In Hosea chapter 3, Hosea is dealing with the bitter reality that Gomer has left him AGAIN and this time she in sexual slavery. Hosea has to go get his wife and buy her back from her pimp. Can you imagine what this would have been like for Hosea? Hosea 3:2, records “I bought her for fifteen shekels of silver and about a homer and lethek of barley.” A lethek weighed about 430 pounds. If you put it all together it would have been about thirty shekels in the ancient world. Thirty shekels was the price that was paid for a slave. Hosea went to his unfaithful wife who chose sexual slavery over him and bought her back. Can you imagine the emotions? Can you imagine the pain, the embarrassment, the humiliation on both parts? Can you imagine her feeling like she couldn’t accept his love or kindness towards her? Then he takes her to be with him. The picture that we see in Hosea 3 is one of redemption. Redemption is a term used throughout the Bible. Redemption is an economic word. In the Old Testament for someone to be redeemed it literally means to buy them back.
To buy someone back, just like Hosea bought Gomer back at least three different things had to be in place:
- That person had to be in bondage or slavery.
- There had to be a price that was paid to get them out of bondage or slavery.
- There had to be a mediator that would go and pay the price to get the person out of bondage or slavery.
Those three conditions were met in the Old Testament when someone was redeemed or bought back. It’s fascinating that as we read this story about Hosea and Gomer (that happened almost 3 thousands of years ago) that God looking towards the future when the day would come when Jesus Christ would come into our world and literally do what Hosea did for Gomer. Jesus would come and live and die and buy us back – redeem us from slavery to sin and death. It’s a picture of God’s love for us.
God is a just God. Sin had to be punished. He couldn’t just forget all the things that had happened. God was willing to put the punishment for sin on the shoulders of Jesus so that the mercy and free grace could be delivered to us. That’s the good news! That’s what the Christian message is all about. That’s what makes it different from every religion in the world. In every religion in the world you boil it down fundamentally – it’s about “DO.” What will you do to earn and accomplish God’s favor in your life? The Christian faith is about “DONE.” What God has already done two thousand years ago in the person of Jesus Christ is what accomplishes our salvation in our life.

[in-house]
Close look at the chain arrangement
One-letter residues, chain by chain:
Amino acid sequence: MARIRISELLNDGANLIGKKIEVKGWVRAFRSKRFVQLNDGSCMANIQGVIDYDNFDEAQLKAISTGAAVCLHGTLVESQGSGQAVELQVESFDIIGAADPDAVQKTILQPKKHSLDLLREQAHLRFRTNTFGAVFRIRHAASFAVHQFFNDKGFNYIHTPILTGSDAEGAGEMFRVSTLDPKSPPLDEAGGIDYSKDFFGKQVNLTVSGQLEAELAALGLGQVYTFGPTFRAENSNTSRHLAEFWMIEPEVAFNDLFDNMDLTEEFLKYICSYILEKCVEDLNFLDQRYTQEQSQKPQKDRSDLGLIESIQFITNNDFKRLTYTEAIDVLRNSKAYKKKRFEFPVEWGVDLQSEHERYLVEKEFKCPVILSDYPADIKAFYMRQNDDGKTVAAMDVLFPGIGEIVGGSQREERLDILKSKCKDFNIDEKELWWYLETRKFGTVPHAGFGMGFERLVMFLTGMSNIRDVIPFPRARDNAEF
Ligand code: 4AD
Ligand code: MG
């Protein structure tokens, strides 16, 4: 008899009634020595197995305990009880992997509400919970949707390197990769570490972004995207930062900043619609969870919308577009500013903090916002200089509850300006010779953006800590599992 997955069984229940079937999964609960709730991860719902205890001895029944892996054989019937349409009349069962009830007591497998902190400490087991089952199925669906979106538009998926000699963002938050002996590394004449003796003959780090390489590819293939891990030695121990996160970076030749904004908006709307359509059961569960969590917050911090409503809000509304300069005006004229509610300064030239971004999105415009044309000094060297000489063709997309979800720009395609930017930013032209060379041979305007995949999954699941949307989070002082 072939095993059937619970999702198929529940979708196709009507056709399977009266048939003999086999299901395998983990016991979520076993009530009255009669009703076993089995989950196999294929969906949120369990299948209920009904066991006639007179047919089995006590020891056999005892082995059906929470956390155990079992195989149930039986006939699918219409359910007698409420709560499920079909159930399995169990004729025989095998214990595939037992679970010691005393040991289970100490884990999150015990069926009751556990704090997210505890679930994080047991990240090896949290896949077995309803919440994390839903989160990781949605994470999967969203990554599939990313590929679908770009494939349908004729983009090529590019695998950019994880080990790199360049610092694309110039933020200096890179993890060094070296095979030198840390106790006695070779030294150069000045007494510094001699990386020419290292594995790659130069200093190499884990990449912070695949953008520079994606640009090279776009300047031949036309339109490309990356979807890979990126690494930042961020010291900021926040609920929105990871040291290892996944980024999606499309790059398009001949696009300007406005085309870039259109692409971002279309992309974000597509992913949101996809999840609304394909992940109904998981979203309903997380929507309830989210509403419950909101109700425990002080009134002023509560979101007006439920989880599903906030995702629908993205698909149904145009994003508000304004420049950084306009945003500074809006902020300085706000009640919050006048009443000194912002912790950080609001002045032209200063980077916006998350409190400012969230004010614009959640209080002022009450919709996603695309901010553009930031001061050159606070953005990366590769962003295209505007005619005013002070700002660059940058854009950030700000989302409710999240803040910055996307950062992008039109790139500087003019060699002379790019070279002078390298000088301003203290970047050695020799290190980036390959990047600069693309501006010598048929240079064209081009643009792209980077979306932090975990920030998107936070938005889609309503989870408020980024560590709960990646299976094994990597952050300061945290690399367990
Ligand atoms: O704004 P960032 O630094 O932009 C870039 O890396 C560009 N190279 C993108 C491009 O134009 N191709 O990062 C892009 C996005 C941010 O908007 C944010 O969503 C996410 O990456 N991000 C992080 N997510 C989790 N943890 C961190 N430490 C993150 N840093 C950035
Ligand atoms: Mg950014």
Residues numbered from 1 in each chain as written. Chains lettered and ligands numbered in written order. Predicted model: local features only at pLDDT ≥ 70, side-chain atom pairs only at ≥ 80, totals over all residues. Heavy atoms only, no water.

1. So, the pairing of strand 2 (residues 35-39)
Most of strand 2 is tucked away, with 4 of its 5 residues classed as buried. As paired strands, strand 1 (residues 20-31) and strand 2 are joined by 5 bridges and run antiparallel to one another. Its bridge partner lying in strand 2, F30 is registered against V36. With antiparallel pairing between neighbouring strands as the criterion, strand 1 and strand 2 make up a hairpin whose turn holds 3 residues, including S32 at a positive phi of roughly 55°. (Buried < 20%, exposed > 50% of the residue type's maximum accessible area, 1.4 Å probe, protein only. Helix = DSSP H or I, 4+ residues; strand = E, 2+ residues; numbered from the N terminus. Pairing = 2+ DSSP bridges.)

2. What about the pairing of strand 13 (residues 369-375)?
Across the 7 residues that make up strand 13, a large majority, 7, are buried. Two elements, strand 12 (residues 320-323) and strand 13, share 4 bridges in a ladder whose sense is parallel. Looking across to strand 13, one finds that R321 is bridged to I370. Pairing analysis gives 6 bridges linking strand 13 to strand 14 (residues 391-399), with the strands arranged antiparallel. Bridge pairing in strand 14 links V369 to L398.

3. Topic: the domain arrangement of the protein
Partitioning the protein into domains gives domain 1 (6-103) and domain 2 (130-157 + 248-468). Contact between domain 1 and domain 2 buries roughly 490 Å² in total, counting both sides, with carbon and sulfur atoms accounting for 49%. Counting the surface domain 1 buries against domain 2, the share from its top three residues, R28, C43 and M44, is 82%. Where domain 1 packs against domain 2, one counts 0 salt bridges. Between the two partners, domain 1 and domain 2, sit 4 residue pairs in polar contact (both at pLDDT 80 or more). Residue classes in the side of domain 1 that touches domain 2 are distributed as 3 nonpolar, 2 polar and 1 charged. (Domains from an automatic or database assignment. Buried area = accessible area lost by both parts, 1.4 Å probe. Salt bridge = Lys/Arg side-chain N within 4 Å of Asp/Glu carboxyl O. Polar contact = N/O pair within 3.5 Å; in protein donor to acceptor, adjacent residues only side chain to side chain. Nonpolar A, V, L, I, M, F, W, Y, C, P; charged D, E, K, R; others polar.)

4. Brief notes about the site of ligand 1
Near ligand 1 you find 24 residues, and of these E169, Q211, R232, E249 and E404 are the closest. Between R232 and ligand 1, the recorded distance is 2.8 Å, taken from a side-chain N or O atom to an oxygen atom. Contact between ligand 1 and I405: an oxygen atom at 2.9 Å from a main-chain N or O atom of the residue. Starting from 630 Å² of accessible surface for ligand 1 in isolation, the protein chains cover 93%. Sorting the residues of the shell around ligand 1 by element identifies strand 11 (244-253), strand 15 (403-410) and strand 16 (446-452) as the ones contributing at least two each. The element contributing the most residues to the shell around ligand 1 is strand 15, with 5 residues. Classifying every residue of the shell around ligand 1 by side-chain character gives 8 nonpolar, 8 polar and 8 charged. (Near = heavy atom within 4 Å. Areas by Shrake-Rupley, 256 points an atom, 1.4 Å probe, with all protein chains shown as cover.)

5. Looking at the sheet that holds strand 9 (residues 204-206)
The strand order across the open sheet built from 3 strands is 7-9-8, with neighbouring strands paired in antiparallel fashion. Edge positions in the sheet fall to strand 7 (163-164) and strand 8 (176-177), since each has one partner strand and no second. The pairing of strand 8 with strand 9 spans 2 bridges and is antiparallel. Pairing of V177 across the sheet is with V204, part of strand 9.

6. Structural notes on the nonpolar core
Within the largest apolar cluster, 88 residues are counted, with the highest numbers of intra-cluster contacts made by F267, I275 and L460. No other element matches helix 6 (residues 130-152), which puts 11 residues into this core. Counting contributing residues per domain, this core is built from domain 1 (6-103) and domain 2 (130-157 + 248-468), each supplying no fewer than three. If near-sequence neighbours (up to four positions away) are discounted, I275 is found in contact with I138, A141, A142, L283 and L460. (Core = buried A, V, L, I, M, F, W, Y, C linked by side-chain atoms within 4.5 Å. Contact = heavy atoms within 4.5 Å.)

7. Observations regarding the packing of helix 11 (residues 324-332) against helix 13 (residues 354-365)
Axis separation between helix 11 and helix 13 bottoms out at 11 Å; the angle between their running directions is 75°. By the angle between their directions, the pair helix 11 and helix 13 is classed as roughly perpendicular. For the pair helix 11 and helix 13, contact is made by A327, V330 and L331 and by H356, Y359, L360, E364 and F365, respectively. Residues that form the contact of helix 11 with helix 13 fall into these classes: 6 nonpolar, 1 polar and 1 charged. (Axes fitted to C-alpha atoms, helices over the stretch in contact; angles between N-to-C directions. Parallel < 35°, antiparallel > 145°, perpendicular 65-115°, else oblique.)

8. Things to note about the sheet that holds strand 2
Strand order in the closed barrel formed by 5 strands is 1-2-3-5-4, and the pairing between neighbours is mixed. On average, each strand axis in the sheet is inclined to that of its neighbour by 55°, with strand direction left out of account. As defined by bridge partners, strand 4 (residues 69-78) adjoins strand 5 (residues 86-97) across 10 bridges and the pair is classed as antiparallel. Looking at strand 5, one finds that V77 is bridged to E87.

In my life I have wrestled with this many times and have felt unworthy of God’s love. I felt like perhaps God can forgive everyone else but He can’t forgive me. Do you know what that feeling is like? God can forgive that person but not me. I can’t forgive myself; God can’t forgive me. Not for the things I’ve done. It took me awhile to realize that when I was thinking that way ultimately what I was doing was I was showing pride in reverse. When we say, “God can’t forgive me, we are saying, “God, you are going to have to pay a higher price for me.” Apparently Jesus wasn’t enough.” If Jesus wasn’t enough then you and God can start working out what the price will be for you. What hit me is who am I to tell God how much the price is? God set the price and the price was His very son. The price, if it’s good enough for God, then it better be good enough for me.
Since we were bought with a price, it means we must think differently so we can live differently.
We have begin to live as one who has been bought by with a price. It means we hold our heads up a little higher and sit up straight. It means we stop telling ourselves in our inner voice that we‘re worthless and God is against us – because He isn’t. We start looking in the mirror in the morning and say, “I was bought with a price!” Then go out the door with a sense of esteem that’s not based in ourselves but based in God.
Then we begin to respond to God with action. In chapter 3 we see that Hosea goes and buys Gomer back. He takes her back to be with him but there is some action that follows this grace. We see it in 3:3: “Then I told her that you are to live with me many days and you must not be a prostitute or be intimate with any man and I will live with you.” He doesn’t just go and take her back and say, “Do whatever you want and be my wife.” No, there are some qualifications here. No longer be a prostitute. No longer be intimate with another man and you can live with me.